And if you’re wondering who did the other Grand Prix, well the person responsible – Ant Nelson from adam&eveDDB – was on the jury too. The rest of the lineup consisted (as I looked around the room) of: Estelle Blemond-Zaïre, EMEA Diversity and Inclusion Strategist from Netflix; Camille Venegas Gomez from M&C Saatchi UAE; Franki Goodwin, CCO of Saatchi & Saatchi London; Gumpon Laksanajinda, CCO of Ogilvy Thailand (with his translator Supparat Thepparat (aka Menn)); Mary Njoku founder of ROK Studio (A Canal Plus company) in Nigeria; Paul Nagy, the Regional CCO of VML APAC; and Rodrigo Jatene, CCO of Wieden+Kennedy LATAM. Everyone brought something valuable to the discussion and every perspective was treated with respect.

Our first task was shortening the long-list. The organizers don’t allow anything to be downgraded once it’s been awarded so this is a process of lifting something from the long-list to the shortlist. But it seems more like knocking out anything that we collectively feel doesn’t fit. We got a brief visit from the “See it Be it” group during the day and we felt like they saw us as a very negative bunch. In any case by the end of the first day – we have watched nearly all of the shortlist again – and refined it from 258 to 190. That final number is what we take to the following day where the job of selecting the metal from that begins.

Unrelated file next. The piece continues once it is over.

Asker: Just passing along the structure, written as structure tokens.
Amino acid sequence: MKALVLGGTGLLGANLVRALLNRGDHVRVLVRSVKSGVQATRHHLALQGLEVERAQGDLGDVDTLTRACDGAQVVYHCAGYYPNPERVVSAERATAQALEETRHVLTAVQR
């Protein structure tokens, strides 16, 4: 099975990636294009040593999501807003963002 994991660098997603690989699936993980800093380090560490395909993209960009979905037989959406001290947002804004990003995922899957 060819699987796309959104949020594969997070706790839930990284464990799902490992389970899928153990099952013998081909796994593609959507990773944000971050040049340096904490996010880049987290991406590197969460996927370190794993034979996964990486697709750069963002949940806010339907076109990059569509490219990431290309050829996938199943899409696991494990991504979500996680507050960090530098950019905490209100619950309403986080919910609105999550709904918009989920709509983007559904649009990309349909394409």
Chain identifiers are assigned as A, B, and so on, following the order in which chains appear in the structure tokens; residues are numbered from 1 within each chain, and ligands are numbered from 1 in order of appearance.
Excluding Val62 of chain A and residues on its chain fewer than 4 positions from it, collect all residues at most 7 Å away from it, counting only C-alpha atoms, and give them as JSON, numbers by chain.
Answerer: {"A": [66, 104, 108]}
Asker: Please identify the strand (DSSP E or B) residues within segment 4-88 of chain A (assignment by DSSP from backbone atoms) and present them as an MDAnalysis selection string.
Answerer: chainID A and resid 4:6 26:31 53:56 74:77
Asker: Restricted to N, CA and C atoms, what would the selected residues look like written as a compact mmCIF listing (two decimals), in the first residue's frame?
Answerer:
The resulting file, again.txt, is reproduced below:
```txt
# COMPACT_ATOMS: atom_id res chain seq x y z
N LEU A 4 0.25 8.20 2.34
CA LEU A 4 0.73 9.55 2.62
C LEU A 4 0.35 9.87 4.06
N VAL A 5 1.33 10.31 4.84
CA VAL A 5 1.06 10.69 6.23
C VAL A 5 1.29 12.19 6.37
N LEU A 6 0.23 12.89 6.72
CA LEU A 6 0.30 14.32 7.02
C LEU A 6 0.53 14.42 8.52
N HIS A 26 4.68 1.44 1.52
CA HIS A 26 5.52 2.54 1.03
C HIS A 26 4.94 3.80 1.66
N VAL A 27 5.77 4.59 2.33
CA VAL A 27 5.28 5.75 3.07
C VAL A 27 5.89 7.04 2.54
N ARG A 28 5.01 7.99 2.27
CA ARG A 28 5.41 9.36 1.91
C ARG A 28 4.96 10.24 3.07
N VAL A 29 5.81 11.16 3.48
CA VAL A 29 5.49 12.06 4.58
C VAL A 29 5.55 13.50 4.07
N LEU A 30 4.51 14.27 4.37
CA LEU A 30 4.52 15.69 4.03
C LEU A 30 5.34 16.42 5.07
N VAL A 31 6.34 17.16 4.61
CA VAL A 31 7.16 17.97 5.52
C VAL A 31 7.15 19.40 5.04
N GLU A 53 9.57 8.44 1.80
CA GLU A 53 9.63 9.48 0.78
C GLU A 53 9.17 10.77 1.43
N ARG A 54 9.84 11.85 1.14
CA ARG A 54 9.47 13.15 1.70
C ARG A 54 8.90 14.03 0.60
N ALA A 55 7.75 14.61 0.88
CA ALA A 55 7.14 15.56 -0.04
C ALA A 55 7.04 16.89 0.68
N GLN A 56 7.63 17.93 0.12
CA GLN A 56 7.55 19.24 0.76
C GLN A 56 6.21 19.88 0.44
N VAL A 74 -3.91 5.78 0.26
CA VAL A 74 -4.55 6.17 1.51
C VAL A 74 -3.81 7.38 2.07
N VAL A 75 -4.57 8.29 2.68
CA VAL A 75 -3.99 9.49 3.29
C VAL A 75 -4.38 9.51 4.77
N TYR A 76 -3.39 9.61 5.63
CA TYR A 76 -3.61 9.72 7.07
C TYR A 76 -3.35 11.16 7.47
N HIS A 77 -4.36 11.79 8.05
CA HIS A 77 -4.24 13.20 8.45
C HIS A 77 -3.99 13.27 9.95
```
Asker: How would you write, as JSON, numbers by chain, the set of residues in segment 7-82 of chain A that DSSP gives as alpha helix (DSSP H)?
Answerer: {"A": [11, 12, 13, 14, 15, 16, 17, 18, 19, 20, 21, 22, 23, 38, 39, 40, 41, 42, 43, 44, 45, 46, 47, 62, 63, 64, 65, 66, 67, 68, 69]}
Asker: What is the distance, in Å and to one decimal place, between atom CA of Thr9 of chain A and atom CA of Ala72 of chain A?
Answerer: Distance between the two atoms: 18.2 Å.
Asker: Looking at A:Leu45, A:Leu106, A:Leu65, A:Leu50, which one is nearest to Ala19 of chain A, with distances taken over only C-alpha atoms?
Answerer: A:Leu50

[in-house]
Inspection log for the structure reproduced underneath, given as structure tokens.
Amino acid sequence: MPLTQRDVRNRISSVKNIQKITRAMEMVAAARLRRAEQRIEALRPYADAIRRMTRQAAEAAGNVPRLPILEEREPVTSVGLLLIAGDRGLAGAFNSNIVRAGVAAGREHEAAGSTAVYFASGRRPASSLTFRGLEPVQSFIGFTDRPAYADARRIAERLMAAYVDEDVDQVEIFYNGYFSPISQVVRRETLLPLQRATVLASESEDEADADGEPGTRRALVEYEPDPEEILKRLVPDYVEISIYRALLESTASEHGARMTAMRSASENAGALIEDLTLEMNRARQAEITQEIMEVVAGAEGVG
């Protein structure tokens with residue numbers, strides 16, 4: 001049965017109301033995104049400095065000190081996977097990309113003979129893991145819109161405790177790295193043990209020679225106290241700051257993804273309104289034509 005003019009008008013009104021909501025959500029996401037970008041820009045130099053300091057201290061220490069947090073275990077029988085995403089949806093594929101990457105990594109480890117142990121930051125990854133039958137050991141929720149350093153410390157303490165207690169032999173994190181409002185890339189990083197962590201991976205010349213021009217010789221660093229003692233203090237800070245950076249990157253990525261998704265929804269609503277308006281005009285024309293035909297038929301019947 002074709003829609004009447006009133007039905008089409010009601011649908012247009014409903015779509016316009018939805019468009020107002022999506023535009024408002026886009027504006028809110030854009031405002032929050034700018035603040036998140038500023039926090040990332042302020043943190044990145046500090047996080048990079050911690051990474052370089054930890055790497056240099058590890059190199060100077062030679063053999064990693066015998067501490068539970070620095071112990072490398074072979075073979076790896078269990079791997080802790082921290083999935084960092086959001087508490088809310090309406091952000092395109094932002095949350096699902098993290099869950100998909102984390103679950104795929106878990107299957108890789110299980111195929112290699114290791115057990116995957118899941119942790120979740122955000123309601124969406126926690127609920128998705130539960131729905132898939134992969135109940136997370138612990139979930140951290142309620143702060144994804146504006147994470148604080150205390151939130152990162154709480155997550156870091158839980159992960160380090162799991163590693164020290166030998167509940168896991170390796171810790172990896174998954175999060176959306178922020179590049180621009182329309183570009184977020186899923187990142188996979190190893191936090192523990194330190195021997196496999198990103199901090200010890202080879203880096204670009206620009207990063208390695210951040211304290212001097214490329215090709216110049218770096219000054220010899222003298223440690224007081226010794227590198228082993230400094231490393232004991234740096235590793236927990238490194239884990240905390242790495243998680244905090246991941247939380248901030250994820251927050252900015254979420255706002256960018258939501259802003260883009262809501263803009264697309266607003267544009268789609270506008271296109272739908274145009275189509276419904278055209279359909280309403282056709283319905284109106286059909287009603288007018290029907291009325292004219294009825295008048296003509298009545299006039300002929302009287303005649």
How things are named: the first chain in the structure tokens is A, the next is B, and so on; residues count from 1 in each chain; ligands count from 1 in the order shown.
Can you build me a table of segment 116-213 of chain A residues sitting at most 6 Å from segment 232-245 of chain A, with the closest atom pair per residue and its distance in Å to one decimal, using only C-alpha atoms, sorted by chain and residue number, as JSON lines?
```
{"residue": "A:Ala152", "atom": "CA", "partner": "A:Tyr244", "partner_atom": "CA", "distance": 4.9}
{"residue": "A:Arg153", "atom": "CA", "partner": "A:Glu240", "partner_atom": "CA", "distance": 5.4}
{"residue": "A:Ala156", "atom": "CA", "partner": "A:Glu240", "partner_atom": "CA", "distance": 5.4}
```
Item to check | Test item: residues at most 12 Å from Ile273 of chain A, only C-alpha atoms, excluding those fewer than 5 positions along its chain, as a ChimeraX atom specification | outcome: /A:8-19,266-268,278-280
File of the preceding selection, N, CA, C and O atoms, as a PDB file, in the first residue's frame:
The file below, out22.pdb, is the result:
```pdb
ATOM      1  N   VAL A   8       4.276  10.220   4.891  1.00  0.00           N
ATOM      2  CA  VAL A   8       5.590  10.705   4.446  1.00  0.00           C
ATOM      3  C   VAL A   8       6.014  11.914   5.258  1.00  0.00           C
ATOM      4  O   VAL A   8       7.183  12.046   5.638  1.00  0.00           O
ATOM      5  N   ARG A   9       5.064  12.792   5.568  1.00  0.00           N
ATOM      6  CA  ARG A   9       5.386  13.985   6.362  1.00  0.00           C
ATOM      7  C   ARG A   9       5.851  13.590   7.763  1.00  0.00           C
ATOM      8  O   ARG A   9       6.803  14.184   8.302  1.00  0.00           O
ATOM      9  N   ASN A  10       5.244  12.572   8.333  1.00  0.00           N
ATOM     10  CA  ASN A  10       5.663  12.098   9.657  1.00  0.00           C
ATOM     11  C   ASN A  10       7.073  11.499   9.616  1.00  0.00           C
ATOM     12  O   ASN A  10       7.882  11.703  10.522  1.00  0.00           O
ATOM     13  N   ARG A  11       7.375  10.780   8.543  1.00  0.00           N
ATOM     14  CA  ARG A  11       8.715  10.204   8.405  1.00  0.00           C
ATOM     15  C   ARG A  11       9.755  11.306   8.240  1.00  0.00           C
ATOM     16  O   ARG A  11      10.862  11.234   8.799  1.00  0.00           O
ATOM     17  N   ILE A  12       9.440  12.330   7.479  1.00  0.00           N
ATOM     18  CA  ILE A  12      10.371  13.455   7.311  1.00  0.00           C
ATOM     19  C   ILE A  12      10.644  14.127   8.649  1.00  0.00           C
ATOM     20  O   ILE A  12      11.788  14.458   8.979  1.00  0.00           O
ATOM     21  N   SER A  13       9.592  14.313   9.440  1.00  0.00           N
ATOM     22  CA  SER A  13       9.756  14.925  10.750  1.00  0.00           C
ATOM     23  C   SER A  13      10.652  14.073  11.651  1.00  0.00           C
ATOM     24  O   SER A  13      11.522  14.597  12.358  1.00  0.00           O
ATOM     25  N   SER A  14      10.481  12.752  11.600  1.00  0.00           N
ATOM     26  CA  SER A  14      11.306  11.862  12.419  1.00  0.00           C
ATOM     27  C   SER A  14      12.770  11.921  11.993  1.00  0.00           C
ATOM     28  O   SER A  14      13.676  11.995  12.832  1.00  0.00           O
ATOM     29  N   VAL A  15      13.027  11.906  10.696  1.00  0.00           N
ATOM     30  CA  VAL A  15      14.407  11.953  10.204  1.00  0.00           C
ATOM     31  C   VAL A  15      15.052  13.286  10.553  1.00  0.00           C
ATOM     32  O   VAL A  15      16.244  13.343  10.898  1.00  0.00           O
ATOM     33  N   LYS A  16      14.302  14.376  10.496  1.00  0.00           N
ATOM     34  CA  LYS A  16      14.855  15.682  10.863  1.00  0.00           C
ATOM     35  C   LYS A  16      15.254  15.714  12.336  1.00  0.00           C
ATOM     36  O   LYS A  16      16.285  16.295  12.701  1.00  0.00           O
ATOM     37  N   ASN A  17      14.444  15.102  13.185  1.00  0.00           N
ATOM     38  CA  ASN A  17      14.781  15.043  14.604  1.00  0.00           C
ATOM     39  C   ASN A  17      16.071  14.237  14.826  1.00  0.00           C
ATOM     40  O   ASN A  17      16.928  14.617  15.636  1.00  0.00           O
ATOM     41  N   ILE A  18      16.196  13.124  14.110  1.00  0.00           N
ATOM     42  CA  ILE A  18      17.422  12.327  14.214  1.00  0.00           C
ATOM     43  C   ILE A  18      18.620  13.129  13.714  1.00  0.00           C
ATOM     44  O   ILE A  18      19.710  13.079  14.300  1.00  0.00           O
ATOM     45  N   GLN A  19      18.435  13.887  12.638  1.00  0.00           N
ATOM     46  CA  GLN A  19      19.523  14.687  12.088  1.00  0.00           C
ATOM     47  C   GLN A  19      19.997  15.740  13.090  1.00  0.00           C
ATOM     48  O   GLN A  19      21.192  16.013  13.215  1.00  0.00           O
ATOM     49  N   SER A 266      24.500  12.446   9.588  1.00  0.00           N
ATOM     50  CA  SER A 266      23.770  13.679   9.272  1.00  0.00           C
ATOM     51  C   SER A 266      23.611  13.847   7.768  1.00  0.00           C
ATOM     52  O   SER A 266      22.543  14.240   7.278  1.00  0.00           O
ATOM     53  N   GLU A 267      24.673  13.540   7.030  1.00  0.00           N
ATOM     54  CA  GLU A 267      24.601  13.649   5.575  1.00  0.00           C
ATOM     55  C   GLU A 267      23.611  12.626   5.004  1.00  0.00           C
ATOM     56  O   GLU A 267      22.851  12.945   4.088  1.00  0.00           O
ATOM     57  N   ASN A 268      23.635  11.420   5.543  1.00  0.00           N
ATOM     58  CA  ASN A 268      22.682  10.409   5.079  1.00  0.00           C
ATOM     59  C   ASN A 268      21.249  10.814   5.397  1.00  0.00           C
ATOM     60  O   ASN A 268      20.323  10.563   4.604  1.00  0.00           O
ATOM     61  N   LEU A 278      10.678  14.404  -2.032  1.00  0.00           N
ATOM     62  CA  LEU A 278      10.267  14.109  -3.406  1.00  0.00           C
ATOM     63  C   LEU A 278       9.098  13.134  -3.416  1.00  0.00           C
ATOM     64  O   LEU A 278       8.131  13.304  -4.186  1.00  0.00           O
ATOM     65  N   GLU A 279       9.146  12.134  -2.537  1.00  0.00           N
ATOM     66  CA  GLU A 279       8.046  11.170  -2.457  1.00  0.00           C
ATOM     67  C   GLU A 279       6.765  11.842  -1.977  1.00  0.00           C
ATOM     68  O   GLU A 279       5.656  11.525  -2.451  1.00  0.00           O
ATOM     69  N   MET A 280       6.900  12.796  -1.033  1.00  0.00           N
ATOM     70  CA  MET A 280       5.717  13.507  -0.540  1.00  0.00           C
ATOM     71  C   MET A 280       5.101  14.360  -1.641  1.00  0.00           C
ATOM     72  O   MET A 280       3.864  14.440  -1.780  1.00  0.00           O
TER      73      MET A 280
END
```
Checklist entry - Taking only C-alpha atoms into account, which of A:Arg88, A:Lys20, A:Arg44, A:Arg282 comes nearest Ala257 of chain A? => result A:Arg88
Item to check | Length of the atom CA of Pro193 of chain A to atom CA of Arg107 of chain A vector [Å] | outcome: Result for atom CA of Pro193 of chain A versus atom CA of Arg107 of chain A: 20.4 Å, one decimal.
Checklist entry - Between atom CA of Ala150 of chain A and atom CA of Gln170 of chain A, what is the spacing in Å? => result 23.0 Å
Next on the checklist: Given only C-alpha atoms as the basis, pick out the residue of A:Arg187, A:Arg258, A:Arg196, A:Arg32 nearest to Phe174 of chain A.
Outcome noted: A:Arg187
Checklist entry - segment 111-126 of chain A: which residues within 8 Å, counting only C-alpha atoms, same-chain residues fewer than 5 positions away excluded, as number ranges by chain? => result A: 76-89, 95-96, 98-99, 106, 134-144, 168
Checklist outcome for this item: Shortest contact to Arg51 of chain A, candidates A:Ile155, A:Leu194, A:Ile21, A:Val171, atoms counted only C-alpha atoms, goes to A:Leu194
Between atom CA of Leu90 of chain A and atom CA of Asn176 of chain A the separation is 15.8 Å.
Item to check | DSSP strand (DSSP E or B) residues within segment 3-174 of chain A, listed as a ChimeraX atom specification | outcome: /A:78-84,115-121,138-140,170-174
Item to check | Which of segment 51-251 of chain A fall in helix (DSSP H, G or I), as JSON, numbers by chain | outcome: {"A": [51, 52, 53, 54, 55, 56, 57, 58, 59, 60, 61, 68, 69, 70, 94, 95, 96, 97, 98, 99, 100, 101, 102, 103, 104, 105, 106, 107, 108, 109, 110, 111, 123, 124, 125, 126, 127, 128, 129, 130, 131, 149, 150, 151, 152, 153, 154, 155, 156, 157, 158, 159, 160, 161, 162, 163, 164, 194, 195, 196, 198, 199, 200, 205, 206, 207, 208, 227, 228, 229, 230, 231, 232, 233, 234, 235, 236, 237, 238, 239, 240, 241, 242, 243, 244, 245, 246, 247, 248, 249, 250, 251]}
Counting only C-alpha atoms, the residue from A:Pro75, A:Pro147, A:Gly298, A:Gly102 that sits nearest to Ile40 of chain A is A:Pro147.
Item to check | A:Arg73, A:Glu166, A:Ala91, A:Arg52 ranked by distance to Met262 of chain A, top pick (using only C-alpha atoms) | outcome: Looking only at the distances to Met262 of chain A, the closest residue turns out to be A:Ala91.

The Bronze Lion listing begins by us understanding that we can give around 55 metals of any kind. This starts by us collectively agreeing the likely Silver and Golds. That’s the easy bit. After that the methodical process of filling in the rest of the list begins. Brand relevance is a key discussion point – especially in the longer films. And while nothing exists in isolation, originality is vital. Finally, craft comes into it – sometimes in a big way. But we kept saying: we are not the craft jury; Craft counts, but only to the extent it elevates (or holds back) the idea. Campaign entries – which are allowed in some categories – are quite honestly a double-edged sword. Yes you can get more work in the show for one entry fee. But more often than not people like one execution over another. 

So by the end of the second day we had a list of metal. And how hard could it be, we thought, to get the Silvers and Gold from this list. Tricky, as it turned out.

Again, we agreed on our must-haves, and these comprised about half the required number. The debates now centered on finer points of which piece of excellent work was more excellent than another. Or alternatively which piece of work was slightly less excellent than another piece. Here’s where we had the most passionate debates – between Bronze and Silver and, in particular, between Silver and Gold. By the time the dust had settled we had two Grand Prix – one from the traditional tv and cinema categories and one from the online categories.